What I did was use a Philips Smart Bulb and then have an Eve button on the side of my bed stand. You can set it for smart control of the lamp with Single click, Double click, or long hold. You can set one tap to turn it on and double to decrease the intensity, etc.

    Eve Button - Apple HomeKit Smart Home Remote to Command Accessories and Scenes

  25. If all you require is close-range control, you don’t need to get “smart” devices, that require Internet/cloud connectivity and all the potential problems that come with it.

    In my bedroom, I installed Lutron Maestro IR dimmers on the lights. My wife and I each have an IR remote, which we can use to control the ceiling lights.

    Unfortunately, I don’t think these are being made anymore. I couldn’t find them linked from Lutron’s home page. But there are other non-Internet alternatives.

    For example, a quick search found the Leviton DDL06-BLZ, which is a Bluetooth-controlled switch. You can control it using your phone or a tablet (within Bluetooth range, which they say is about 30’), without any hub, gateway or Internet connection.

  26. I have homepods, apple TV and wemo devices. There is always a device that goes bump in the night. Just yesterday, I realized I had a typo on one Wemo device in homekit and could not find correct it. I went thru all settings and yet… I got no where.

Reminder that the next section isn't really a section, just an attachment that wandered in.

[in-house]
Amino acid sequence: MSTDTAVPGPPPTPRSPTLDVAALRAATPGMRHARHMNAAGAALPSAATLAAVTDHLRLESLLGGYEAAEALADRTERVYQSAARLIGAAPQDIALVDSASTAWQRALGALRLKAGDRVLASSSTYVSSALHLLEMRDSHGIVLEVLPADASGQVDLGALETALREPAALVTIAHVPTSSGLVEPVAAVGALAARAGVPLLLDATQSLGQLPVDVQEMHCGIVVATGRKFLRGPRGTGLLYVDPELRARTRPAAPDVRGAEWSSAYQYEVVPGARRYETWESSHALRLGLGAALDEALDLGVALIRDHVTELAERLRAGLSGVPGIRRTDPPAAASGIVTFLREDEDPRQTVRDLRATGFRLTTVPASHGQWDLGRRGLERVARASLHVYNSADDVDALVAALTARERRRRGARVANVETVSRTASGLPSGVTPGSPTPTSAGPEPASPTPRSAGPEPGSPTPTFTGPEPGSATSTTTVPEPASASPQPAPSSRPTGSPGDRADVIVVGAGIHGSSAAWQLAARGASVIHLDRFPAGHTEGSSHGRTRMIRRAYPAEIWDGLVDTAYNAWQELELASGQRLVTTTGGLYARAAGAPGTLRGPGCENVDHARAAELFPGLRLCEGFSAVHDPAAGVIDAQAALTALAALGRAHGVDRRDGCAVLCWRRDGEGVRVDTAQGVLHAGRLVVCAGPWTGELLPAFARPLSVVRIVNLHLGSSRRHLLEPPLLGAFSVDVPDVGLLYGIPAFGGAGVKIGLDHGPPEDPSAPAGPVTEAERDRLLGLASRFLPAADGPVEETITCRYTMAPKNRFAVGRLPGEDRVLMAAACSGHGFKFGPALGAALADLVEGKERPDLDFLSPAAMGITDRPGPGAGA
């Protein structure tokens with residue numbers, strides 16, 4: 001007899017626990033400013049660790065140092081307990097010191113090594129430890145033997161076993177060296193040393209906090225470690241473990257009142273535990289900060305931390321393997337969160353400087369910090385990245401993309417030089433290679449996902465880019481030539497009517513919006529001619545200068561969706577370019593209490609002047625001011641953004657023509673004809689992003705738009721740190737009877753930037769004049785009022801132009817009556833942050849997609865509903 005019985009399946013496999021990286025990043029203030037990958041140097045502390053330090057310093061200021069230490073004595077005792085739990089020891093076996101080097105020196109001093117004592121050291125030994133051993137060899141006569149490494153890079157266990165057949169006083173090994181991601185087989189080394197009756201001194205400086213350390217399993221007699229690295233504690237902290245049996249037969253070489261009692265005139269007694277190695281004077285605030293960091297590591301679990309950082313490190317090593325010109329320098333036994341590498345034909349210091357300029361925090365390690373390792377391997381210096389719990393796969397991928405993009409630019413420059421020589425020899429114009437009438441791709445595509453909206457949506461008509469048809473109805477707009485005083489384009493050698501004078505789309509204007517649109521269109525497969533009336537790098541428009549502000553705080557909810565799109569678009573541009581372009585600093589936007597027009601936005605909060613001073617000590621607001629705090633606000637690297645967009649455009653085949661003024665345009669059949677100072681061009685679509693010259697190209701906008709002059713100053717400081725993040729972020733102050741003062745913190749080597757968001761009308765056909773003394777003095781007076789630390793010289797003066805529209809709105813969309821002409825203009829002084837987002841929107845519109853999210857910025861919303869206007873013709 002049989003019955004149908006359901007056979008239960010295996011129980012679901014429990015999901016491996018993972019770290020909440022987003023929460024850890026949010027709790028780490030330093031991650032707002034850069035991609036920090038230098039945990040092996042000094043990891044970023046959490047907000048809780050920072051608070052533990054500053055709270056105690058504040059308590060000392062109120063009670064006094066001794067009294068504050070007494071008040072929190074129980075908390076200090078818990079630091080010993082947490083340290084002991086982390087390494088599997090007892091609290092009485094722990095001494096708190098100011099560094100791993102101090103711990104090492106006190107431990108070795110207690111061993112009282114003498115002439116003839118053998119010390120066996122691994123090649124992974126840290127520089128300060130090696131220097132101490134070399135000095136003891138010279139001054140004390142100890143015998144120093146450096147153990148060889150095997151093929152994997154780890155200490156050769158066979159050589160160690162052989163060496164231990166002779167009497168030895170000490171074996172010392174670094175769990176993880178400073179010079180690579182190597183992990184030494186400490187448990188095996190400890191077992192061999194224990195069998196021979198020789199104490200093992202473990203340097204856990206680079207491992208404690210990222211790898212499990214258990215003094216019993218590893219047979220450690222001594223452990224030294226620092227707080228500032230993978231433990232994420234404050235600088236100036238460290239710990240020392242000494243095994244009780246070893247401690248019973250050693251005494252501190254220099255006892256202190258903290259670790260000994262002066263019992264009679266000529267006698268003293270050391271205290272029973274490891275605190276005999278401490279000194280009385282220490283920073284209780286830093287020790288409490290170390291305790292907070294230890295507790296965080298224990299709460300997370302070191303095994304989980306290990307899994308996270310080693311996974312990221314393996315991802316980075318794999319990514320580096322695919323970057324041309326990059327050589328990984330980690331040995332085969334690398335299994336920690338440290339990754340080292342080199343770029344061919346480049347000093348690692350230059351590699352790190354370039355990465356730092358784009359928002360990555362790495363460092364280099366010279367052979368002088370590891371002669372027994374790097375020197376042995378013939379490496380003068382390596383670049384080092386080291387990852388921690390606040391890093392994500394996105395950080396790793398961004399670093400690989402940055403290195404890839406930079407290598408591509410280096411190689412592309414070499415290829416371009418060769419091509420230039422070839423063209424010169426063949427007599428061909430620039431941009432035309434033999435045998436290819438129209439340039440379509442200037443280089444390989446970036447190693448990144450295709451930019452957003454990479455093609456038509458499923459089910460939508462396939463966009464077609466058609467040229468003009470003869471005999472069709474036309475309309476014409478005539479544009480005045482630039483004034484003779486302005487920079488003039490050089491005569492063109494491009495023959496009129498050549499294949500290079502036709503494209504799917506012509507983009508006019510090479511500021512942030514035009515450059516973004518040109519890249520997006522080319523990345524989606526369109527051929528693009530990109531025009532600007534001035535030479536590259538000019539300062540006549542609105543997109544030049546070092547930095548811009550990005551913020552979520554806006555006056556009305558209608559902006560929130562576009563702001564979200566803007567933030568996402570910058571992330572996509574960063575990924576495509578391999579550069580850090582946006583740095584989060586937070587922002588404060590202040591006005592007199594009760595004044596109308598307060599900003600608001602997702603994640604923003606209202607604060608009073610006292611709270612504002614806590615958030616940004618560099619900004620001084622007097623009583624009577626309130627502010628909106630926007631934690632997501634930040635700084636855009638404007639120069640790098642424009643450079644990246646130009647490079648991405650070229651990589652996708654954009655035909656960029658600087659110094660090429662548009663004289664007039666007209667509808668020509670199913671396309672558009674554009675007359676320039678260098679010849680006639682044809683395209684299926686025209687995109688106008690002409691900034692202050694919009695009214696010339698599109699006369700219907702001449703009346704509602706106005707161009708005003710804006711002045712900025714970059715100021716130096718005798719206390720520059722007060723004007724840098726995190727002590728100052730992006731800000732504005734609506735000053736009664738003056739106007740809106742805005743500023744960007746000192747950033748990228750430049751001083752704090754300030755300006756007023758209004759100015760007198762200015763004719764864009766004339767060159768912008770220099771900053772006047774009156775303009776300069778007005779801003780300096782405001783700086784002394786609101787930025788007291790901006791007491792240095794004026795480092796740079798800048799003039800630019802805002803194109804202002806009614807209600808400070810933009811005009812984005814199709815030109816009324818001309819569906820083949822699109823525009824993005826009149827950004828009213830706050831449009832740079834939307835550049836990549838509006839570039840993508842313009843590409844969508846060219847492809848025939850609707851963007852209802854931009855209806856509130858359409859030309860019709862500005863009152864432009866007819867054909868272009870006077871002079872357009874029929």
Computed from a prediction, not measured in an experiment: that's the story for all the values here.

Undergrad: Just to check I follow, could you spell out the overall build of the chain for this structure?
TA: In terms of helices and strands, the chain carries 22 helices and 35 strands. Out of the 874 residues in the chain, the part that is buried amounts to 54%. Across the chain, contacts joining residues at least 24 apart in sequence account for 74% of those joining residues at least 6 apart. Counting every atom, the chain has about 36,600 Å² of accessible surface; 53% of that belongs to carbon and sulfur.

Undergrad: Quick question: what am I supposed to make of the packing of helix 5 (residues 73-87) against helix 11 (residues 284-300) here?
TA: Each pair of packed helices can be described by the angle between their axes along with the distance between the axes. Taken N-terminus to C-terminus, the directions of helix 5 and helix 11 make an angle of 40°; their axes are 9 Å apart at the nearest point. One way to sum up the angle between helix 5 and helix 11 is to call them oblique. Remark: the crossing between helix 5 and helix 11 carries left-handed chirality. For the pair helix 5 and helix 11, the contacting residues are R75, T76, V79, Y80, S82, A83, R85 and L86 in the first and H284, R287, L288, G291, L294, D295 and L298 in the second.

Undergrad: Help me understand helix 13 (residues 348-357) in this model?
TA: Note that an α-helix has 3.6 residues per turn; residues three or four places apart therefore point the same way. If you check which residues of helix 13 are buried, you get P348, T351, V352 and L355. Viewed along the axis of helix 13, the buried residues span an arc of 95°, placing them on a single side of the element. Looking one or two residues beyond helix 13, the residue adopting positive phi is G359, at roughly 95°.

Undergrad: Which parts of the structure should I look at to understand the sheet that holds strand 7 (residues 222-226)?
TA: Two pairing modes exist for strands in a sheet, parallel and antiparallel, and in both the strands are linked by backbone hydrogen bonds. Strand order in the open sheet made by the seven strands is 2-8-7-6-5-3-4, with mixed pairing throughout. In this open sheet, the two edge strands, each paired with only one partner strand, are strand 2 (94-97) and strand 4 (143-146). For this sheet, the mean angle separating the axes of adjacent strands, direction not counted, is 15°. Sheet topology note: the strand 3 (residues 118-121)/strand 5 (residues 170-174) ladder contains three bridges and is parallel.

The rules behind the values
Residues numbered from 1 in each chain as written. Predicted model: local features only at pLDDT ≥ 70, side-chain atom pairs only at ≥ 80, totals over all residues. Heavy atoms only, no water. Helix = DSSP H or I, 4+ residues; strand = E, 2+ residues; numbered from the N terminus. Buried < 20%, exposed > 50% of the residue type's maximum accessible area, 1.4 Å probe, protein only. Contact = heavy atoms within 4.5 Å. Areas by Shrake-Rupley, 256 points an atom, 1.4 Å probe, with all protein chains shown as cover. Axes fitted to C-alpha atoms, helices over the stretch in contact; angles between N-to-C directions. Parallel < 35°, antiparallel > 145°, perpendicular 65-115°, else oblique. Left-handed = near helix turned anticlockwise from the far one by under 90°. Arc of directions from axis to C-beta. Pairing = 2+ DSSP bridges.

27. I have been adding a few devices to my Homekit system. Just thought I would share a tip…
    I added an Eve Motion Sensor and then changed my mind about where it is located. I couldn’t see it as a device in the initial location (Hall). Finally I realised that I had to tap the “Sensors” icon at the top of Hall page. This then listed all sensors at that location and I could tap & hold to change the Eve Motion Sensor location.
    BTW this month (July 22) Eve updated its Motion Sensor to detect ambient light. Beware of earlier models without this feature. The new one has a round sensor window - the superseded model has a rectangular window.

  28. Just received the Eve Motion with light sensor. The light sensor appears as a separate sensor in the room view. It is easy to set up an automation to control an accessory when the light level goes below or above a user-selected value. It would be good for controlling Homekit-compatible sun blinds.